When a new gallery called Aster Hall opened last year, we expected something fancy, like a converted church or a historic site with high ceilings and tasseled tapestries. A place for Vikings to drink mead or a lodge where masons wrought their rituals.
Instead, the spot is named for store owner and jewelry designer Angela Hall. Aster’s a retail space on King Street that sells clothing, jewelry, photographs, secondhand records, and art by Ishmael, Michael Morrison, and Katie Leonard. There’s a lot to see in the modest space, and after a rush of tourists, it looks more like a rummage sale than an art gallery. We were pleased to see that the stock had been streamlined to make way for Points of Origin by Atlanta artist Alex Leopold, who has created several new mixed media pieces for the exhibition. They’re pretty pop art pieces which often include found objects (keys, cutlery, packaging) that give them a funky folk-art edge.
Aster has been displaying Leopold’s work since it opened in mid-2009. He has a following in Atlanta and is gaining one here — large enough to warrant his exhibition. Most of the work is small, but Leopold makes good use of each modest square panel. He adds bold colors, collage, and drawn or painted images, then gives each panel an epoxy glaze. A bird motif runs through a lot of his work, partly because of their spiritual symbolism and also because he was looking for something simple to depict when he was starting out. The birds, flora, and predominant blues and greens indicate Leopold’s affinity with nature.
The artist was raised in Irmo, S.C. The Columbia suburb had plenty of countryside for young Leopold to explore. As an adult, he spent 10 years pursuing a music career. You can almost hear a phantom soundtrack when you look at these panels, because the music and the emotions it evokes are a strong aspect of his life and art. Reading the text on one of his pieces is like finding an orphaned song lyric: “All because of you,” says one line, “all because of you.” One-word titles give many of the pieces a pop-music punch; vinyl records are adhered to the latest additions to hammer home the message.
The elements are diverse. Some of the art has several pictures pasted onto one panel, but the artist gives them enough room to breathe and be effective. Eduardo Paolozzi-style pinups loll on bold red backgrounds (as in “Eight”). A key and a lock invite you to touch “Sing” and read the label on its O’Jays record. A cheeky rooster struts in “Look What I Got.” The London Eye and Houses of Parliament add an exotic flavor to “Wish.” At 36″ x 36″, it’s one of the largest pieces in the gallery. “On These Still Wings” is the most striking in terms of size and color choices — its gray and black background give it a sepulcher grimness and the glaze reflects viewers’ faces, effectively making them part of the art. “Hope Is” plays with the panel shape, placing a bird sculpture near the top of a tall 9″ x 32″ background to suggest flight.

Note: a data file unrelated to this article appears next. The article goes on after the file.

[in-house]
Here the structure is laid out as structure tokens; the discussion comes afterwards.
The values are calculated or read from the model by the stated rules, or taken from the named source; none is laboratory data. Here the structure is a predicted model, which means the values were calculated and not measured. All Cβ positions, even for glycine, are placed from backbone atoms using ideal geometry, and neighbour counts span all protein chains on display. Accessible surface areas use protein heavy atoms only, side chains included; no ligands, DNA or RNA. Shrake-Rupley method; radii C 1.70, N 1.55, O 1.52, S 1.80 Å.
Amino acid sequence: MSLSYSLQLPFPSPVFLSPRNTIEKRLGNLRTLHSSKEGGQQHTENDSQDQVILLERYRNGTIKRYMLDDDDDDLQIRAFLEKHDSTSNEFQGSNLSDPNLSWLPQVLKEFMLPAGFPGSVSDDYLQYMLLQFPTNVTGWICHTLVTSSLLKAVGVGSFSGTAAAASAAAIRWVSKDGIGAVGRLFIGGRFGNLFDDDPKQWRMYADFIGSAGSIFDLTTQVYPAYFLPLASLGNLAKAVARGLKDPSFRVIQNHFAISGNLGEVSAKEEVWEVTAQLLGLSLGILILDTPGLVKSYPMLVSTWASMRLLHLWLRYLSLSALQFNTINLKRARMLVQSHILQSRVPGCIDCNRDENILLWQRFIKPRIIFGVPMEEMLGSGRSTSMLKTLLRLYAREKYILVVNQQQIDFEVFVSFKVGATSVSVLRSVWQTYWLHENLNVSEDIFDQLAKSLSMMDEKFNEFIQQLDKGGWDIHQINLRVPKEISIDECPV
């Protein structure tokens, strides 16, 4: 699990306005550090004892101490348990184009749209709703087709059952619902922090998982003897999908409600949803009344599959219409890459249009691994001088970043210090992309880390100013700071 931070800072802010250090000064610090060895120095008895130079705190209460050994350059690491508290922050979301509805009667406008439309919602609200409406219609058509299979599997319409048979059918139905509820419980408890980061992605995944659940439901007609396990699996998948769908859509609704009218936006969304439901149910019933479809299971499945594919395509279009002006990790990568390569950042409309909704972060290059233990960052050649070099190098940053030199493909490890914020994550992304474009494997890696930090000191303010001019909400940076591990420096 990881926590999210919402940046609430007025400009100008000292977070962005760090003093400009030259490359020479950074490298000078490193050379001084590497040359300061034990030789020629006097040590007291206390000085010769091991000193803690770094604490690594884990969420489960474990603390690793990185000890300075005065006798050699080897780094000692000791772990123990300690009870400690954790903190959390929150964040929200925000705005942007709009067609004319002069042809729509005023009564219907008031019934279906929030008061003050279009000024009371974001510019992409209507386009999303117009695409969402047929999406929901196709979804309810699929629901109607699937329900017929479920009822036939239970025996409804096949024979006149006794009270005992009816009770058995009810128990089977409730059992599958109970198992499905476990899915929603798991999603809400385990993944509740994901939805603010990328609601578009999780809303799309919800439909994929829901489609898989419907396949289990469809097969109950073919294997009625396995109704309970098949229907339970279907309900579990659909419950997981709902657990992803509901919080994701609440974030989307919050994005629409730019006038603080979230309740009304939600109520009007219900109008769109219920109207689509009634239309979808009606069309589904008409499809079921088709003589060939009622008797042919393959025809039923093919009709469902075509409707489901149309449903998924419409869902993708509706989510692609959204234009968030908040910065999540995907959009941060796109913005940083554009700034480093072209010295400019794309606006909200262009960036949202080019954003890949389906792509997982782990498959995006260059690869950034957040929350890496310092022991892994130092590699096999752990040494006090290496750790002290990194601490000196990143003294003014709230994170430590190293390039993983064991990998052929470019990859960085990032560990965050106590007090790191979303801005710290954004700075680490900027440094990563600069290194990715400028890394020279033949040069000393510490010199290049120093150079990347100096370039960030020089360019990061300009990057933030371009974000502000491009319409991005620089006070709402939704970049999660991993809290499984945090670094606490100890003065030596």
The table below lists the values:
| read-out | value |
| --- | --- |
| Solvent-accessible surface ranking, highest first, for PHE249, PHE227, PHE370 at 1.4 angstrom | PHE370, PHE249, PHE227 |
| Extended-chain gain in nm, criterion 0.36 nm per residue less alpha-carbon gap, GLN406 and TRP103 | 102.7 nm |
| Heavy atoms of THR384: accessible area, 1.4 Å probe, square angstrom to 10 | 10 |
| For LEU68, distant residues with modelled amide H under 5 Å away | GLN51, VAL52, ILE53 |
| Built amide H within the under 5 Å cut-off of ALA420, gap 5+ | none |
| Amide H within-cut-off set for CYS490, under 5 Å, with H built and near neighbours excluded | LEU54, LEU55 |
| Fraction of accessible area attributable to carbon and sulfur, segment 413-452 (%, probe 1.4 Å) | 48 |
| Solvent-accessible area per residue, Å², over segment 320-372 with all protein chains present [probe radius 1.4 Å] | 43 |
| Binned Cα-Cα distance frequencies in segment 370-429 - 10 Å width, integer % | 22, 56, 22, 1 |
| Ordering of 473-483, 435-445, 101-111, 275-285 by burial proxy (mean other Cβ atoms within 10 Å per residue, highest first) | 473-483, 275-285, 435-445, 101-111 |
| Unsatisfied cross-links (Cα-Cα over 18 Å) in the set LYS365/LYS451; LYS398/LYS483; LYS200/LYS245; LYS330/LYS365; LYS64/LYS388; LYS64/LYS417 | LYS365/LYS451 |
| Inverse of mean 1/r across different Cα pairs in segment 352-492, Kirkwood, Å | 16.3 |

Leopold describes his new series as an experiment with an emphasis on complimentary colors. His trademark cool gray-blue appears in some of the art. Leopold’s eclectic collection is held together by the recurring birds and other repetitions; the lyrics, evil-looking Southern goats, old forks with twisted tines, and scraps of photos and handwritten notes give the art a more personal feel.
This kind of mixed media work can be found elsewhere, and the themes of wishing and romance are bubblegum thin, but Leopold’s passion and industriousness shine through and make this show worth a spin. Most importantly, the art improves the interior of Aster Hall, and we’re glad that the gallery has devoted so much wall space to a promising artist.